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Iron Fist – The Blessing of Many Fractures (Review)

As “The Last Defender”, Iron Fist bears the burden of tying most heavily into The Defenders.

This is not a surprise. This has been a large part of the Marvel Studios model, with productions teasing concepts and characters that will not arrive for quite some time. By the time that Thanos moves against Earth’s Mightiest Heroes in Avengers: Infinity War, it will have been more than half a decade since the stinger at the end of The Avengers teased his looming threat. Even since Samuel L. Jackson appeared at the end of Iron Man and Robert Downey Jr. dropped by the stinger in The Incredible Hulk, these teases have been a way of doing business.

Glowing yellow peril.

As such, it makes sense that the company would put a lot of groundwork into setting up the summer’s big-ticket crossover between the four different Marvel Netflix shows. Jessica Jones and Luke Cage had largely been their own thing, while Daredevil had devoted a considerable amount of time and effort to introducing concepts and ideas that would pay off down the line. However, as the last of the shows to be released before the big summer event series, Iron Fist carries a heavier burden than any of its predecessors.

Unfortunately, Marvel and Netflix seem to have wholeheartedly committed to the idea of the Hand as the enemy of choice for this eight-part crossover miniseries. And so Iron Fist gets burdened with the Hand.

“Time for snooping.”

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Iron Fist – Snow Gives Way (Review)

So, what is Iron Fist about?

To be fair, it is a tough question to answer. The final Netflix series, publicised as “the Last Defender”, seems to have been a hard sell. Indeed, the emphasis on the show’s position as “the Last Defender” recalls the marketing of Captain America: The First Avenger. In both cases, Marvel was selling a property that posed a creative challenge by tethering it to a looming mass-market crossover, counting on its position as “the last piece of the puzzle” to draw in audiences that might otherwise hold little interest in the material.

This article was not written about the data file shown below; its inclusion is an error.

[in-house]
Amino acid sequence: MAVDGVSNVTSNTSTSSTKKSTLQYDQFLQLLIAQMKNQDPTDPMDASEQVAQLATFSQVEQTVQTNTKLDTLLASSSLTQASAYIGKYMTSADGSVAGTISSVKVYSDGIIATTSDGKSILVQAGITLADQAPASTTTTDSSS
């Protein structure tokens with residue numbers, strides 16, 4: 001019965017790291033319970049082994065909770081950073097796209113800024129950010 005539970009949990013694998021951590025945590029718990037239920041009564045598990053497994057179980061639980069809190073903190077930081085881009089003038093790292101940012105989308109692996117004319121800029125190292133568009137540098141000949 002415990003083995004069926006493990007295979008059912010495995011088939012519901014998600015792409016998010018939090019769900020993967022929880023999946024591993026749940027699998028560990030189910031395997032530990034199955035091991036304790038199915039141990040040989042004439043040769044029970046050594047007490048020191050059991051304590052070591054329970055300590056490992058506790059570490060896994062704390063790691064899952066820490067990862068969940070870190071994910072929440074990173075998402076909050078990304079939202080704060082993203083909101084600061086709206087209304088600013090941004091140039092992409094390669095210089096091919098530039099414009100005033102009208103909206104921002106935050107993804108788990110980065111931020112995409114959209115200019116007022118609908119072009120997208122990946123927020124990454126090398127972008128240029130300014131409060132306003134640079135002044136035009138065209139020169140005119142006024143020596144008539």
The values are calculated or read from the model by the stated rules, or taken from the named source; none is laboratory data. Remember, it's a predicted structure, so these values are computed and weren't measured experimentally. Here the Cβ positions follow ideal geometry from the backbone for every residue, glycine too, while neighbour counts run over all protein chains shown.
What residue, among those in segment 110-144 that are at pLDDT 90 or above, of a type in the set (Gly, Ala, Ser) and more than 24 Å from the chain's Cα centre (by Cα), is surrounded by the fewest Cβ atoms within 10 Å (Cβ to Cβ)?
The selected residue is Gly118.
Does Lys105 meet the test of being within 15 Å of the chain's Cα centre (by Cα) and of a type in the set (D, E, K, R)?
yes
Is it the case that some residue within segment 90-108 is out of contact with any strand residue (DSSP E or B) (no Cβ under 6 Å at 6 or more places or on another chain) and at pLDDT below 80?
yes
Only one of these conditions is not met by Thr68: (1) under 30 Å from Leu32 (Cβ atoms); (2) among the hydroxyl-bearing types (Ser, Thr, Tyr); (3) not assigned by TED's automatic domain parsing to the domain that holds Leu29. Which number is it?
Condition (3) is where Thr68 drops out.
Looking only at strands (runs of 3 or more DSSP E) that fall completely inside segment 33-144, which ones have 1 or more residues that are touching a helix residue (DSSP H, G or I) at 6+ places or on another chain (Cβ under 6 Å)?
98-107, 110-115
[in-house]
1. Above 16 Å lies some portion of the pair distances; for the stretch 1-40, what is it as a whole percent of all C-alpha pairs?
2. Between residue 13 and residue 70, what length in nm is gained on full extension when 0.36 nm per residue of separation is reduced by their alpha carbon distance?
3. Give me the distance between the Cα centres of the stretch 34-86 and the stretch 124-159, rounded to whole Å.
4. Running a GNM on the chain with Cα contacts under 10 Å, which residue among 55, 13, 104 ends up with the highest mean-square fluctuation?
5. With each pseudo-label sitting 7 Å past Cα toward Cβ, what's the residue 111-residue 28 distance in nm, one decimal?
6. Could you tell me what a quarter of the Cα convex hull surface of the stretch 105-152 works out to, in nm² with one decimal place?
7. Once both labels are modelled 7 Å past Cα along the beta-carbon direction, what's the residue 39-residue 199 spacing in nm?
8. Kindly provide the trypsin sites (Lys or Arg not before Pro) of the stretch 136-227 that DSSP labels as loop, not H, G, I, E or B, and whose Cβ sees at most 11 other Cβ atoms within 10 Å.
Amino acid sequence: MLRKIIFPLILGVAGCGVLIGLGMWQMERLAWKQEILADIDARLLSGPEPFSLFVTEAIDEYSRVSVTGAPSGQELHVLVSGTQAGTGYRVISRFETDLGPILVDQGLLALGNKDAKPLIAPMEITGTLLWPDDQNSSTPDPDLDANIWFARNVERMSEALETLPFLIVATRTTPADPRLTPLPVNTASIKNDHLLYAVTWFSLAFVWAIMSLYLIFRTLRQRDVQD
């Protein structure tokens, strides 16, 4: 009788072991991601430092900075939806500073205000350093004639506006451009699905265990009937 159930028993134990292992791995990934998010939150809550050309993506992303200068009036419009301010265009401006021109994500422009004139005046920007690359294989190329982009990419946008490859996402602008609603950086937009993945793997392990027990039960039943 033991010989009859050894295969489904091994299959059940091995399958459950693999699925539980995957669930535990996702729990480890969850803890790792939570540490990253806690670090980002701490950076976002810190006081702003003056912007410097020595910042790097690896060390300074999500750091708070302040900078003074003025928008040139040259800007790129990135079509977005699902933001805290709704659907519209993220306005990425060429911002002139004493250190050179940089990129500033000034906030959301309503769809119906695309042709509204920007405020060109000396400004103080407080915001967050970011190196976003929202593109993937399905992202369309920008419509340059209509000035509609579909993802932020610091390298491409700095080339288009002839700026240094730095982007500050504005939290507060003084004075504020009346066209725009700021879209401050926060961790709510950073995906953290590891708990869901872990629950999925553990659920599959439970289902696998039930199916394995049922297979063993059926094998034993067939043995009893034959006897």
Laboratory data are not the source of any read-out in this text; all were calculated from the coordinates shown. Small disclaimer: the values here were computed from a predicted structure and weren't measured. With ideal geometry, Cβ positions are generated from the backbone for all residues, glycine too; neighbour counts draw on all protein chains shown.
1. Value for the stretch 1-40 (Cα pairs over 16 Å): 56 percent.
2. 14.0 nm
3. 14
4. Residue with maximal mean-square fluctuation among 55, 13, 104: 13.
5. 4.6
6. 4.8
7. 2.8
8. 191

Fist first.

And, by and large, Iron Fist is defined by these outside demands. Any audience member trying to figure out what Iron Fist is or what purpose it serves will arguably get a better sense of that by tracing the outline established by the other Marvel Netflix shows. Iron Fist is not a television show that defines itself, instead existing in a narrative and marketing space that has already been defined for it by the demands of other multimedia. Iron Fist is not so much a television show as a bunch of stuff that fits in that space before The Defenders.

That much is evident even as early as Snow Gives Way, the first episode of the Netflix series. The pilot is arguably as instructive in what it fails to do as it is in what it actually accomplishes. It eats up fifty minutes of airtime without providing the audience with any real sense of who these people are, what they want, or what the series is trying to say that isn’t on the agenda already set up by the other Marvel Netflix shows.

He’s acting. Really hard.

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